That would save a ton of money on stop signage.

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  • Steve B February 13, 2013 at 12:03 pm

    Thanks PBOT!

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  • Dmitriy Zasyatkin February 13, 2013 at 12:46 pm

    Why are they replacing the entire sign when they could just glue a 0 over the 5? That seems like a lot more environmentally sound solution since these signs will probably be downcycled at best.

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    • ScottB February 13, 2013 at 1:23 pm

      You can’t paste in LIMIT as required now by ODOT.

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    • Adam February 13, 2013 at 2:56 pm

      Also – I may be totally wrong, but I believe a lot of the quieter side streets don’t have a lot of speed signage in the first place to upgrade.

      I don’t know that this project is replacing pre-existing signage so much, as installing new lower speed signage on many of these streets for the first time. But don’t quote me on that!

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  • deborah February 13, 2013 at 1:16 pm

    So happy these are finally going in! It’s true that it’s only one step in the grand plan of livable streets plan, but it’s a big one! Thanks PBOT!

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  • Indy February 13, 2013 at 2:56 pm

    OK, as usual, I’ll be the odd one out:

    This is dumb.

    This is as dumb as all the other strange crap this city does in terms of “unique” transportation design.

    The government of Oregon, or Federally, just needs to change the laws to say: Speed limit is 20 in residential zones.

    And that is it. And pull the 25-mph limit signs. And 20 mph signs.

    Because it should JUST BE A GIVEN that we reduce our car speed in high-risk areas to safe speeds. Make it a mandatory “You must answer correctly” part of drivers tests.

    Just make “No signs up means 20 mph. Assume that for the rest of your life.”

    Well, why is not putting up a sign better than putting up a sign?

    Putting up a sign in Portland encourages people in Gresham to go 25 in their residential zones.

    Putting up a sign in random locations adds confusion. Just change the freaking residential law to 20 mph, and stop wasting money on visually polluting signs.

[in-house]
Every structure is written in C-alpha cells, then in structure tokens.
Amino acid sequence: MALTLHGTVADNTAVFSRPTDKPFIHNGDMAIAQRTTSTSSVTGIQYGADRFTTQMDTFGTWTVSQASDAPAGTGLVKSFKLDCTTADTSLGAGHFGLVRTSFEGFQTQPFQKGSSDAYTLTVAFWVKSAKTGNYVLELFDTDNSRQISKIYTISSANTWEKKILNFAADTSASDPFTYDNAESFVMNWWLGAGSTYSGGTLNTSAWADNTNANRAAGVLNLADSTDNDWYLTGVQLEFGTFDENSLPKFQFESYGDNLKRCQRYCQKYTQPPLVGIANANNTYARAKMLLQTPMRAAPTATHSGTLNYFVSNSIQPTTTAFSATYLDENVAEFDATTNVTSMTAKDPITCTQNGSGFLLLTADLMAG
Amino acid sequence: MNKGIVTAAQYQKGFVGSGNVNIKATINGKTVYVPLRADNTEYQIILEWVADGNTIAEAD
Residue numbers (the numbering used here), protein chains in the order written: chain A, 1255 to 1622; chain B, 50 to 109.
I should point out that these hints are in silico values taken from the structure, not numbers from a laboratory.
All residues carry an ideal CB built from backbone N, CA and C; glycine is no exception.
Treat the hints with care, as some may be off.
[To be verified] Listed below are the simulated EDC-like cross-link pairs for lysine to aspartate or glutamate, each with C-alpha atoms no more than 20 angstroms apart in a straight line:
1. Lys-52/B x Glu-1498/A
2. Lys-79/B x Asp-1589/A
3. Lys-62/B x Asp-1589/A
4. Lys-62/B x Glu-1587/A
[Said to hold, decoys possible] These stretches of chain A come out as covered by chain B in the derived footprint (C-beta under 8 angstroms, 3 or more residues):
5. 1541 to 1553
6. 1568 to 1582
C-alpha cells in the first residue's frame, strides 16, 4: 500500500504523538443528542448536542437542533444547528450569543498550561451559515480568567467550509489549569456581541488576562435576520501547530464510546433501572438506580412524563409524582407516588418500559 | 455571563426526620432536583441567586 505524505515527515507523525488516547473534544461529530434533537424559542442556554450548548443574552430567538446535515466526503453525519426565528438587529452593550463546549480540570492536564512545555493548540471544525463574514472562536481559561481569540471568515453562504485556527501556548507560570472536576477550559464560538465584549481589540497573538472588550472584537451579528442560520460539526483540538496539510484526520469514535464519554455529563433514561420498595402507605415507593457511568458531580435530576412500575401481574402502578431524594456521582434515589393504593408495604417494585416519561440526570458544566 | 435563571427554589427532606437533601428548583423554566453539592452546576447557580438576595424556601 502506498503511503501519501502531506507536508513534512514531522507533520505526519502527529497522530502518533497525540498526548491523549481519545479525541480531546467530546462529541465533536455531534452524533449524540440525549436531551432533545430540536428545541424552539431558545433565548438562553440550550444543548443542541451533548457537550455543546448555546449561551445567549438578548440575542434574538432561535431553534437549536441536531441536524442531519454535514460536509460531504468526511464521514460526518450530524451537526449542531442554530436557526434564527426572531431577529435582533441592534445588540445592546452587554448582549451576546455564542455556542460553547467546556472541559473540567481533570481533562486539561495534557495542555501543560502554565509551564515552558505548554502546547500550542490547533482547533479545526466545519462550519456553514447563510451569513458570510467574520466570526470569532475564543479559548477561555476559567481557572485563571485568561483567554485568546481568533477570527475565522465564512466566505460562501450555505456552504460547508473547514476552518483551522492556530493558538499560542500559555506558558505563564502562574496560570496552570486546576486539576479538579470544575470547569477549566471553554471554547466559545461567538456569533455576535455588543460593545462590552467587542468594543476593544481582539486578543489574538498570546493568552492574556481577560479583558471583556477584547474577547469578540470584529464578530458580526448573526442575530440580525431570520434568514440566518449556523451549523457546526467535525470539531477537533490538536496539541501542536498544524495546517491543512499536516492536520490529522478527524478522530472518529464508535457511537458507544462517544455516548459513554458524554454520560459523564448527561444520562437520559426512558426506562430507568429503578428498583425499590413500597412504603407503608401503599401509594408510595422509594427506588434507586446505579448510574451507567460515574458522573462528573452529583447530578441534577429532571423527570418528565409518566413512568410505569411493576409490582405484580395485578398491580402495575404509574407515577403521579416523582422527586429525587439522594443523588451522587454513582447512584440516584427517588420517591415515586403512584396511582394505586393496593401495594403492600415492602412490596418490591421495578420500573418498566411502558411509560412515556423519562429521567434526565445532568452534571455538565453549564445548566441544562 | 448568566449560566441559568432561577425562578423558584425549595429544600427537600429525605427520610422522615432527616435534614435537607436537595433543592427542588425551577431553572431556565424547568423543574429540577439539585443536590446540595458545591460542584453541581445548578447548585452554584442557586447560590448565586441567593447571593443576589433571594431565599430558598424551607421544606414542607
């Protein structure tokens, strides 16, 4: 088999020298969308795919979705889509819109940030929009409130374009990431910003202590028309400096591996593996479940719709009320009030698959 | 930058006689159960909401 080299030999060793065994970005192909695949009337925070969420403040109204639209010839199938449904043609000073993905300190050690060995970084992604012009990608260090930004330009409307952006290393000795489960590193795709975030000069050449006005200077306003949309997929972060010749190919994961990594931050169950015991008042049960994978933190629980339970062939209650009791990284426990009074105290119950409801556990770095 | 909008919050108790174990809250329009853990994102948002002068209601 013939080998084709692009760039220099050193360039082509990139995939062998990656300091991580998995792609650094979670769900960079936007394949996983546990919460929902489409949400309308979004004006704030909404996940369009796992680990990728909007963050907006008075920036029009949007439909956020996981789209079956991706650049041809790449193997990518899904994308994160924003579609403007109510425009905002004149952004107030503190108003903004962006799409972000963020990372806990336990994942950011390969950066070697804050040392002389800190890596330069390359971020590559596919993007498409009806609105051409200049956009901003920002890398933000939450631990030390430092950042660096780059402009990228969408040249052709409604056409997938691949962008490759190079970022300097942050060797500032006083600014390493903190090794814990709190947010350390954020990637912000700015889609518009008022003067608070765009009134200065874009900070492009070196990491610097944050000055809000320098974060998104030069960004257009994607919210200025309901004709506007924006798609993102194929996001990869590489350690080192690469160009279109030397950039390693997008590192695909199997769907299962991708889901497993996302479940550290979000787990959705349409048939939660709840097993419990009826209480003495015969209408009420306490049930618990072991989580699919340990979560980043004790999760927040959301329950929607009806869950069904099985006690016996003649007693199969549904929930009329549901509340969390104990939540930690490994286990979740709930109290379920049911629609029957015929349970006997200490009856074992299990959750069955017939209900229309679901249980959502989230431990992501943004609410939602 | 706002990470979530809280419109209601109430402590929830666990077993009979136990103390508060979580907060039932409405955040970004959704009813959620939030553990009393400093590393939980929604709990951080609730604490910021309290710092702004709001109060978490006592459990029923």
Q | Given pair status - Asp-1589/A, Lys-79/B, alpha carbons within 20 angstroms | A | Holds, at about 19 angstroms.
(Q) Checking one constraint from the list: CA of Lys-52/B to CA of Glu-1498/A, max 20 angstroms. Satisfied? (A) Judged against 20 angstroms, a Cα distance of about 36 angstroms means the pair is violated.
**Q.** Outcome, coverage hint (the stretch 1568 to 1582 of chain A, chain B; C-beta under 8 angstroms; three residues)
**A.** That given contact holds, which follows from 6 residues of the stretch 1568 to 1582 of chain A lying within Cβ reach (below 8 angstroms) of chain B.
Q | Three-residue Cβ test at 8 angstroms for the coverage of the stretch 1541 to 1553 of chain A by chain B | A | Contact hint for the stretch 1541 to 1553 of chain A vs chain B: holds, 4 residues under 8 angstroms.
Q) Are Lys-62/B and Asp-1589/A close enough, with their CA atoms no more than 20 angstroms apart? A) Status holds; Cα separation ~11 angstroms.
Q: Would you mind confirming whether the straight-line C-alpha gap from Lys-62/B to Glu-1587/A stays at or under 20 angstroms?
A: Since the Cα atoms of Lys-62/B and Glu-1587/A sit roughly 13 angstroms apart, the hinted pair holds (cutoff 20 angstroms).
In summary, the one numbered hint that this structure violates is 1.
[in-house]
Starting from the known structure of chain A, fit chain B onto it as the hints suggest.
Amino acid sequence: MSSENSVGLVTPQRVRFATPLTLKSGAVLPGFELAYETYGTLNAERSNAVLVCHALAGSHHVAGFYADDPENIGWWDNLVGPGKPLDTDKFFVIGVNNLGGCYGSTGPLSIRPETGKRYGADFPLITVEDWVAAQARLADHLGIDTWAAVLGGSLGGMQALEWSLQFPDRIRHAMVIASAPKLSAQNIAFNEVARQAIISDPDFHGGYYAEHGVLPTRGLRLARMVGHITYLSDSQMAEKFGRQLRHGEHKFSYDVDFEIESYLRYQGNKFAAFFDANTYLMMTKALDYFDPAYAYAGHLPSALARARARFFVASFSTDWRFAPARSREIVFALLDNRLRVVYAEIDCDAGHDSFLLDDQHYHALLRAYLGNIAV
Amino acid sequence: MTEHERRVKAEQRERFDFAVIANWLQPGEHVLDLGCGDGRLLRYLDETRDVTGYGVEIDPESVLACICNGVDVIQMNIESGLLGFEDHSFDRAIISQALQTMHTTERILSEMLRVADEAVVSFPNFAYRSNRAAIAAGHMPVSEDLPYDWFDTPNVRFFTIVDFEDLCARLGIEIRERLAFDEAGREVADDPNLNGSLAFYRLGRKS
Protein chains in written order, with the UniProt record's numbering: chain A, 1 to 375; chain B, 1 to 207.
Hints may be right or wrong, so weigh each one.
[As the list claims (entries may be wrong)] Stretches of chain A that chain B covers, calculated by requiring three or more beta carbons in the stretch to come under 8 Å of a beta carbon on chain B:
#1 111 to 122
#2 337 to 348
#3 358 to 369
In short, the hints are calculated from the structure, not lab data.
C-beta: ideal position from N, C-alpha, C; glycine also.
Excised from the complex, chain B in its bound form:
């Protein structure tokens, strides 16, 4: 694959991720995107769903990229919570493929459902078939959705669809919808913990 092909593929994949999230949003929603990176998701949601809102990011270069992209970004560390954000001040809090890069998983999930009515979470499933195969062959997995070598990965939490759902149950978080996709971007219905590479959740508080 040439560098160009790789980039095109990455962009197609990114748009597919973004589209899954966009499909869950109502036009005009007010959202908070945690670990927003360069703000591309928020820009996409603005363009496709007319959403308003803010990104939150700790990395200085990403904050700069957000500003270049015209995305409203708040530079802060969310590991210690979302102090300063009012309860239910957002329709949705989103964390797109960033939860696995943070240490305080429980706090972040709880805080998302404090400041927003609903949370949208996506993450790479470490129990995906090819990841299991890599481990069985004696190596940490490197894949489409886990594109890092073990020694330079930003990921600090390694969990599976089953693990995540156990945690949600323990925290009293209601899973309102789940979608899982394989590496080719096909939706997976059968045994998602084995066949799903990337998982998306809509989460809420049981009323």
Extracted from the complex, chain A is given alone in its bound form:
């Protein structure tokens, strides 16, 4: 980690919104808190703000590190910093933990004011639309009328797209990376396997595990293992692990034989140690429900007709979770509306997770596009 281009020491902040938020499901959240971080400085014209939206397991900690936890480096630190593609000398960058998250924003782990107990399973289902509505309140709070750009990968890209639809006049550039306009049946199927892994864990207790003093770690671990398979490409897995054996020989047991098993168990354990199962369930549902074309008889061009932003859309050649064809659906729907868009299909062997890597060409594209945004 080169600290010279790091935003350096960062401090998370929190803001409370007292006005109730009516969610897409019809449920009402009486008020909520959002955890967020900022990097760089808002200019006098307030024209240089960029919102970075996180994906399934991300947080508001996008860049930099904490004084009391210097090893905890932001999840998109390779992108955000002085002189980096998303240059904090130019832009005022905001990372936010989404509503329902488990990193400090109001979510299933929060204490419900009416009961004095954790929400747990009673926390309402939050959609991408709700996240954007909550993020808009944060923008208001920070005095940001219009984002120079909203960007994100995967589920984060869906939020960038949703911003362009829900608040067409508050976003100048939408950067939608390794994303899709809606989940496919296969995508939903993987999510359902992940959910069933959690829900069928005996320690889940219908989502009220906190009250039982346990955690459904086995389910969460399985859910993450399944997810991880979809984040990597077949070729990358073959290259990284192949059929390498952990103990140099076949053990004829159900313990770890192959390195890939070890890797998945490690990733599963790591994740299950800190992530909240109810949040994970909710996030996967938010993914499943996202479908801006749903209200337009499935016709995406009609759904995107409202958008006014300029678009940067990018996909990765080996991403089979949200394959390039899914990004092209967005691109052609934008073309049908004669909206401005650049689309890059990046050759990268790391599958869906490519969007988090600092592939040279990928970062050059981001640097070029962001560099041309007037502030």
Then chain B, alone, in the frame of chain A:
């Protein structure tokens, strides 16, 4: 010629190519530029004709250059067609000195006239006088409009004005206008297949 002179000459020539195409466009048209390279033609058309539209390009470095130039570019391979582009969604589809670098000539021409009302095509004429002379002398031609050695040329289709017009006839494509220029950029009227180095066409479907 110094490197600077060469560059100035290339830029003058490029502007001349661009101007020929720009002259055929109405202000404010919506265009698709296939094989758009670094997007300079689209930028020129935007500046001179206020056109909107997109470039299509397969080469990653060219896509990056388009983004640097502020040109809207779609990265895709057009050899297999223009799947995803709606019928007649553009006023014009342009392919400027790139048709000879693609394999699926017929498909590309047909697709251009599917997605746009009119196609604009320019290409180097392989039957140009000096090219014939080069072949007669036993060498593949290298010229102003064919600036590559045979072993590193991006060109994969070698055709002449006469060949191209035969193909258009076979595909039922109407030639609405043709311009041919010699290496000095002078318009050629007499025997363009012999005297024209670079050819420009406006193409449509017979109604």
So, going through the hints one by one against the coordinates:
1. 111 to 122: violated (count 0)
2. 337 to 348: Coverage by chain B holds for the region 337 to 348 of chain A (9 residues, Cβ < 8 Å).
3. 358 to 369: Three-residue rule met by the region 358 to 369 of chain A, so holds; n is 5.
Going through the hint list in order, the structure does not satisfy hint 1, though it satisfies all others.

The end.

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    • are February 13, 2013 at 10:23 pm

      and fifteen in school zones. of course you are right, twenty across the board, no signs, but try to get that through salem.

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    • Tad February 14, 2013 at 12:36 pm

      Passing this through the OR legislature will take years, and Congress will take decades. Installing this helps our community now and doesn’t preclude those actions in the future.

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    • Adam H. February 14, 2013 at 12:47 pm

      This is true in Chicago, although the assumed speed limit is 30 MPH. There are very few speed limit signs in the city proper, and state law dictates that no posted limit means 30 MPH.

      Of course, no one actually drives under the speed limit unless there is heavy traffic (which is quite common on major streets). Street design trumps posted signs every time.

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  • Bill February 13, 2013 at 4:12 pm

    They are up on Maplewood in SW. And, the street-widening is in process!

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  • Jene-Paul February 14, 2013 at 4:35 pm

    Woo-hoo, indeed!

    Our tiny town of Big Timber, Montana has an uposted 20 MPH limit off the highway. Instead of speedbumps (“traffic calming devices”), the long winters keep a lot of roadway surface cratered. Children ride right up the middle of the main street downtown all the time (well, not in the snow—maybe I’m the only guy in town with studs for the Kona). Most intersections are uncontrolled and people pass with plenty of room and wave. There is no bike-specific infrastructure but it’s hella safer than the Springwater during rush hour!

    Mountains and expansive hills are visible at the horizon of each street, looking all four ways from intersections downtown. I absolutely love it here. But I miss Portland too! Glad for yer 20 MPH progress.